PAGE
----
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Language and Communication Think through more complex social situations  This resource has been viewed by a moderator.

Description:

To use problem solving and reasoning skills to think through social situations which are not right / wrong situations.

Early years skill:not specified
Early years typical range:not specified
P-scales/Curriculum skill:PSHE and Citizenship
P-scales/Curriculum level:L1
TAP skill:Social Interaction
TAP level:TAP60
Pre/Nat. Curriculum Area:not specified
Pre/Nat. Curiculum Standard:not specified
Section:Primary (5-11yrs) info; Secondary (11-16yrs) info
Activity/strategy name and materials required How to do the activity Key principles for doing the activity and comments
Newspaper

Newspaper or children's paper or magazine

Large sheet of paper

Pens

Choose a page of a newspaper or children's paper, or cut out some stories from a newspaper. (You could also do this on line if you have access to a computer. It is very motivating for the children!)

Choose stories that will prompt discussion and are not simple right / wrong issues.

Put the main person in the story in a circle in the middle of a page. Draw lots of lines out of the circle, and think of different things the person could do. Have each child circle the one they think they would suggest . Help the children think about what will happen if the person takes their advice.

You're in charge!

Cards to write situations on.

Paper

Pens

Prepare some situations before the session, and write one on each card. E.g. football match, dinner hall in school, break time, getting up in the morning.

Have the children work together in pairs, or small groups. Tell them to imagine there are no rules, and they have to decide what should happen in the situation they pick / are given.

Help the children to think through what will happen if everyone followed their rules - what they would do, how they would feel, why. You may want to raise problems to their rules, to prompt them to think about them further.

Have each group say what was the best rule another group said / something they think is a good idea.

Freeze frames

Short video clips from children's programmes

Stop the video at a point in the programme where there is an interaction between 2 people.

Pause the video, so you can see the picture.

Discuss with the children what the situation is. Talk about how people are feeling as well as what they are doing. If they have not seen the programme, talk about what the characters could do next, then watch the clip and see who was right.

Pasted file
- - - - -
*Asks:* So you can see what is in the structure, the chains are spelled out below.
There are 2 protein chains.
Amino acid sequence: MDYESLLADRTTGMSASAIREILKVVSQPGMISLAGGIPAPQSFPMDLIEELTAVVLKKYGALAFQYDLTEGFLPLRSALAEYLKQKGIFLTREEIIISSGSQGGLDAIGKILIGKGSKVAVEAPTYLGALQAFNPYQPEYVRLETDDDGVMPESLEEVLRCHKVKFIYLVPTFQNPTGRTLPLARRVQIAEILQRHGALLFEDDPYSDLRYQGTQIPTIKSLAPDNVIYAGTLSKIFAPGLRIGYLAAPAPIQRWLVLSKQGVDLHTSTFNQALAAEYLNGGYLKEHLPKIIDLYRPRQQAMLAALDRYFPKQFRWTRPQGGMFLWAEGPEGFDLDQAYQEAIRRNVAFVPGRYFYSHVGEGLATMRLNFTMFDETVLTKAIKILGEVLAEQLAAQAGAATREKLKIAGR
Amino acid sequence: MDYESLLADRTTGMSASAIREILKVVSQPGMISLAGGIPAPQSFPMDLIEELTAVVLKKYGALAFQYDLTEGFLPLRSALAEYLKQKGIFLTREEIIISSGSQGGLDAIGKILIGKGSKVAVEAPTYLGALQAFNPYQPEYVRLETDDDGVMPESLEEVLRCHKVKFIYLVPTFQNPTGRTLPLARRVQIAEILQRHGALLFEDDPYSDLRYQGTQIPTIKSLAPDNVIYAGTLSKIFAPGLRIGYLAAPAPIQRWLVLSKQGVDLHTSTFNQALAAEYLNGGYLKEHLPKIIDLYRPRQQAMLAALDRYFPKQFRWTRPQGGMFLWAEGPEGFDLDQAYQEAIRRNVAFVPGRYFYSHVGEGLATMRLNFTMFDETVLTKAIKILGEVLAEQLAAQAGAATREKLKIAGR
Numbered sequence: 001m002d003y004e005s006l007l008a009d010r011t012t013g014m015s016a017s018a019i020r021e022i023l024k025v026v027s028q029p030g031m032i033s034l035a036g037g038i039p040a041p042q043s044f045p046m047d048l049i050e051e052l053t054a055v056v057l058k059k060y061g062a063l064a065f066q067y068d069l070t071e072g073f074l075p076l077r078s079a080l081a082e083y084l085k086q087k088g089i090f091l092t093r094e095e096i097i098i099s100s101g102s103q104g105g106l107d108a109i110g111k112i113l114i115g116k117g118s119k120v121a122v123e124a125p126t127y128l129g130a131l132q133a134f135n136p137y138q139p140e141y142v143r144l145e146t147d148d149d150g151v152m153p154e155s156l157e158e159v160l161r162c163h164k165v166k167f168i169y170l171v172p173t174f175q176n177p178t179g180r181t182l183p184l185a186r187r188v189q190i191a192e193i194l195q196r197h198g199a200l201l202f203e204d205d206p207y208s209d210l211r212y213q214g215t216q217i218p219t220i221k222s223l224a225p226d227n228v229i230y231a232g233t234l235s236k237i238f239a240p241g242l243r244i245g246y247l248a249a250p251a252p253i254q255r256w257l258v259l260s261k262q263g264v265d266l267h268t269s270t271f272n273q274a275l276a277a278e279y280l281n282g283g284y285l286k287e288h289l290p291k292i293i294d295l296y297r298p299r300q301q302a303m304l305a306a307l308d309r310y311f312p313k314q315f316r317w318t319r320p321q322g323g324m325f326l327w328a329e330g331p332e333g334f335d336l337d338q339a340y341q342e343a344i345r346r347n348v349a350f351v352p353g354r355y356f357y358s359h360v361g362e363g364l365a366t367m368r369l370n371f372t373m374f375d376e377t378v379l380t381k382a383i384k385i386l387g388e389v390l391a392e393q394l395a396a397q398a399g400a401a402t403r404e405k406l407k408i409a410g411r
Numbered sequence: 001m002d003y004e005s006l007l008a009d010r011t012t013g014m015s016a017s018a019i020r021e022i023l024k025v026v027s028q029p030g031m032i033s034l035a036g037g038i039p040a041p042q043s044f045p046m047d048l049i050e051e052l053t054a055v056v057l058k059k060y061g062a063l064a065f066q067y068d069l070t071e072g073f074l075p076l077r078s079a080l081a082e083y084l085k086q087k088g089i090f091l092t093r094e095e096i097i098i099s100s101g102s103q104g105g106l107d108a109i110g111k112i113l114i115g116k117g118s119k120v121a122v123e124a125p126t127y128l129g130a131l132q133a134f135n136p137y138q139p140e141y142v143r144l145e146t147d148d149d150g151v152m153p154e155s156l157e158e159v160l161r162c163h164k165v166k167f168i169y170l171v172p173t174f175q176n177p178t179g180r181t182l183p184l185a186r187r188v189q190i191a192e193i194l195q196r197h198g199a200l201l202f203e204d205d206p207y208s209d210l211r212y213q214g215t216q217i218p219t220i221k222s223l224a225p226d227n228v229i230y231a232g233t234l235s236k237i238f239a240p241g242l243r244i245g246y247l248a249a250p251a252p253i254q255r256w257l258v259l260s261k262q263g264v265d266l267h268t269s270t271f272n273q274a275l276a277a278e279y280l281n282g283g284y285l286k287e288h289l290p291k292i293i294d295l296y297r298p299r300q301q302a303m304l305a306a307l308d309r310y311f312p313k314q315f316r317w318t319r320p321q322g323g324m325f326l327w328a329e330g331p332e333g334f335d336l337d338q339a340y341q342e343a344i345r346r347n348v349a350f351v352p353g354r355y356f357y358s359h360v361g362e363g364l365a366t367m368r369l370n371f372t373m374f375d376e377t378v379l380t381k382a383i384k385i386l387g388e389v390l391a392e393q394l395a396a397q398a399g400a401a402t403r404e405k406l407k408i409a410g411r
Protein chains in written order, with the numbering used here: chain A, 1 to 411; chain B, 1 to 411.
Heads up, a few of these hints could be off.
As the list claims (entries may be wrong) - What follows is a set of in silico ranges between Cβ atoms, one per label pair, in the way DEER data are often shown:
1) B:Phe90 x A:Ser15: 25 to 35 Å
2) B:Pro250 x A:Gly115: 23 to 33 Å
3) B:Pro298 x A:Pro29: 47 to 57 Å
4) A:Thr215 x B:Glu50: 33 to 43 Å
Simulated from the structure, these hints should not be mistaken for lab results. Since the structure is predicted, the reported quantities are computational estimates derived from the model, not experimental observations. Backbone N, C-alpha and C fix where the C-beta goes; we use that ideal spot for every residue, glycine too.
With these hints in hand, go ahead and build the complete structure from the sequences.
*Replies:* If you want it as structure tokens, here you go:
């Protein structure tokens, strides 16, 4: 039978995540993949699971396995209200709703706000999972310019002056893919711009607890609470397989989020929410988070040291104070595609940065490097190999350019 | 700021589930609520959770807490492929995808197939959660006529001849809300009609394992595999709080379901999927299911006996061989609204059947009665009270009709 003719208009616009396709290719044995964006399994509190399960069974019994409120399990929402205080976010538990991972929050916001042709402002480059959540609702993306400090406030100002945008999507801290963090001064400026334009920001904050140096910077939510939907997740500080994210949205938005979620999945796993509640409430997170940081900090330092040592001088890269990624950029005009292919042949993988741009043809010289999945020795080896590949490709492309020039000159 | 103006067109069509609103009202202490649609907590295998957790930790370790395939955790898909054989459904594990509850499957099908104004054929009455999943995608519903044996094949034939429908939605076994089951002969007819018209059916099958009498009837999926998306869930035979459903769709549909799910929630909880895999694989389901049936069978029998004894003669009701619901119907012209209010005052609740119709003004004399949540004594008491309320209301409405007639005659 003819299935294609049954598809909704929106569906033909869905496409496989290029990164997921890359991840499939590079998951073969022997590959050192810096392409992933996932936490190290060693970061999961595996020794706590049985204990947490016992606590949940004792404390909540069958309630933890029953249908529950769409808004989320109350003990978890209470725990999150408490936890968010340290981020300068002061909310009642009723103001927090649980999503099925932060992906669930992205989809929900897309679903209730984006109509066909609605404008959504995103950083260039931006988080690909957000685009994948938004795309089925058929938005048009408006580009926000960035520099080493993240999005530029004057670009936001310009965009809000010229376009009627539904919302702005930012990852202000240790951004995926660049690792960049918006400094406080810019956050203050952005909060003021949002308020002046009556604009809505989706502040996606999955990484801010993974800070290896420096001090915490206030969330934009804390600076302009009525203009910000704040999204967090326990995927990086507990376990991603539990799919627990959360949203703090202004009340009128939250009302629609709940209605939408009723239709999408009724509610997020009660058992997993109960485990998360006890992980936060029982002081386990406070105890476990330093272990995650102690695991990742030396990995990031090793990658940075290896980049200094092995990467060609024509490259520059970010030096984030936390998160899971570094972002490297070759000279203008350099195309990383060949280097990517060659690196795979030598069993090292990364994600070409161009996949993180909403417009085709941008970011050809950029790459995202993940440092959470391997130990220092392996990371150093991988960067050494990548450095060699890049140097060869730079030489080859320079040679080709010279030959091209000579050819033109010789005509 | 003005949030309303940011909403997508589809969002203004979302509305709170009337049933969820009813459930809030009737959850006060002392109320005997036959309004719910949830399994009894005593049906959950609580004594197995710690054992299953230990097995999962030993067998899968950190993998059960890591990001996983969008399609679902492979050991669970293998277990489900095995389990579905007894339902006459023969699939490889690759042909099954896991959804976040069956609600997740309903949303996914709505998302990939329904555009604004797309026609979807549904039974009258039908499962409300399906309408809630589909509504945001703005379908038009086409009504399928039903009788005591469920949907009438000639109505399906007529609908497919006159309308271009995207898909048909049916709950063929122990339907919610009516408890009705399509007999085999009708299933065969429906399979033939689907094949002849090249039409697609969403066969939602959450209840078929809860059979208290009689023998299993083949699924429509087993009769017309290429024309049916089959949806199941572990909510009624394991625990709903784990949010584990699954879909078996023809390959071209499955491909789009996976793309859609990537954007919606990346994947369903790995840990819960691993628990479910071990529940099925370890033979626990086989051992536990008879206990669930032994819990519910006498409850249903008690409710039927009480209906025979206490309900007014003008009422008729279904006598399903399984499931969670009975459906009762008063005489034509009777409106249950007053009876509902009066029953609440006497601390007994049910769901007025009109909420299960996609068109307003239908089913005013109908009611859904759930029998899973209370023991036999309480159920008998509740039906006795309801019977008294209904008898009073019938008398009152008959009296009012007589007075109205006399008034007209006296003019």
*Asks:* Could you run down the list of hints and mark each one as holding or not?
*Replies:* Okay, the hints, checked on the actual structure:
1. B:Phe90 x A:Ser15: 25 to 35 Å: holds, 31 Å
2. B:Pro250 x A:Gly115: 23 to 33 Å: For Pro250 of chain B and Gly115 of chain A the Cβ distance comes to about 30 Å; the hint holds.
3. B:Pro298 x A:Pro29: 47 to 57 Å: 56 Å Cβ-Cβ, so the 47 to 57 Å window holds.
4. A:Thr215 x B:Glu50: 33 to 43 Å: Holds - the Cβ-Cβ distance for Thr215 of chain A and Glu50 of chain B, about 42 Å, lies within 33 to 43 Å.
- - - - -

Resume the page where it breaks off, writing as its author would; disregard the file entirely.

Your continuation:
You could write individual or group letters to the programme makers suggesting an ending to this scene.

Alien bluff

Alien puppet or picture.

Cards to write situations on.

Everyday situations at school and home.

Have the children work in teams. One team has the alien, the other team is given a situation.

Tell the children that the alien has come to earth, and doesn't understand anything that is going on. It is their job to try and explain. However, to make it more interesting, you are going to try and trick the alien.

The second group are given a situation, e.g. 'Someone is going to the front of the hall in assembly, the Head teacher is at the front too. People are smiling.' They must think of 2 or more explanations for this situation. They then tell their explanations to the first team, who have to guess which is the right one. (You judge which is the right one).

The teams then swap roles, with a different situation.

Use a variety of situations - in class, in whole school events, in the playground, at home, etc.

Social Sequences

LDA what's wrong social sequencing cards.

Paper or whiteboard

Pens

Use the first 2 cards of the 3 card sequence.

Discuss the situation with the children, and list on paper or a white board the different options the people have to solve the problem.

Have a look at the last card. Help the children work out why the people chose the option they did to solve the situation.

Talk about what the children would do.

Use paper or a white board to keep the discussion focused.

Use facial emotions cards as visual prompts to help the children think about what people are feeling and why.

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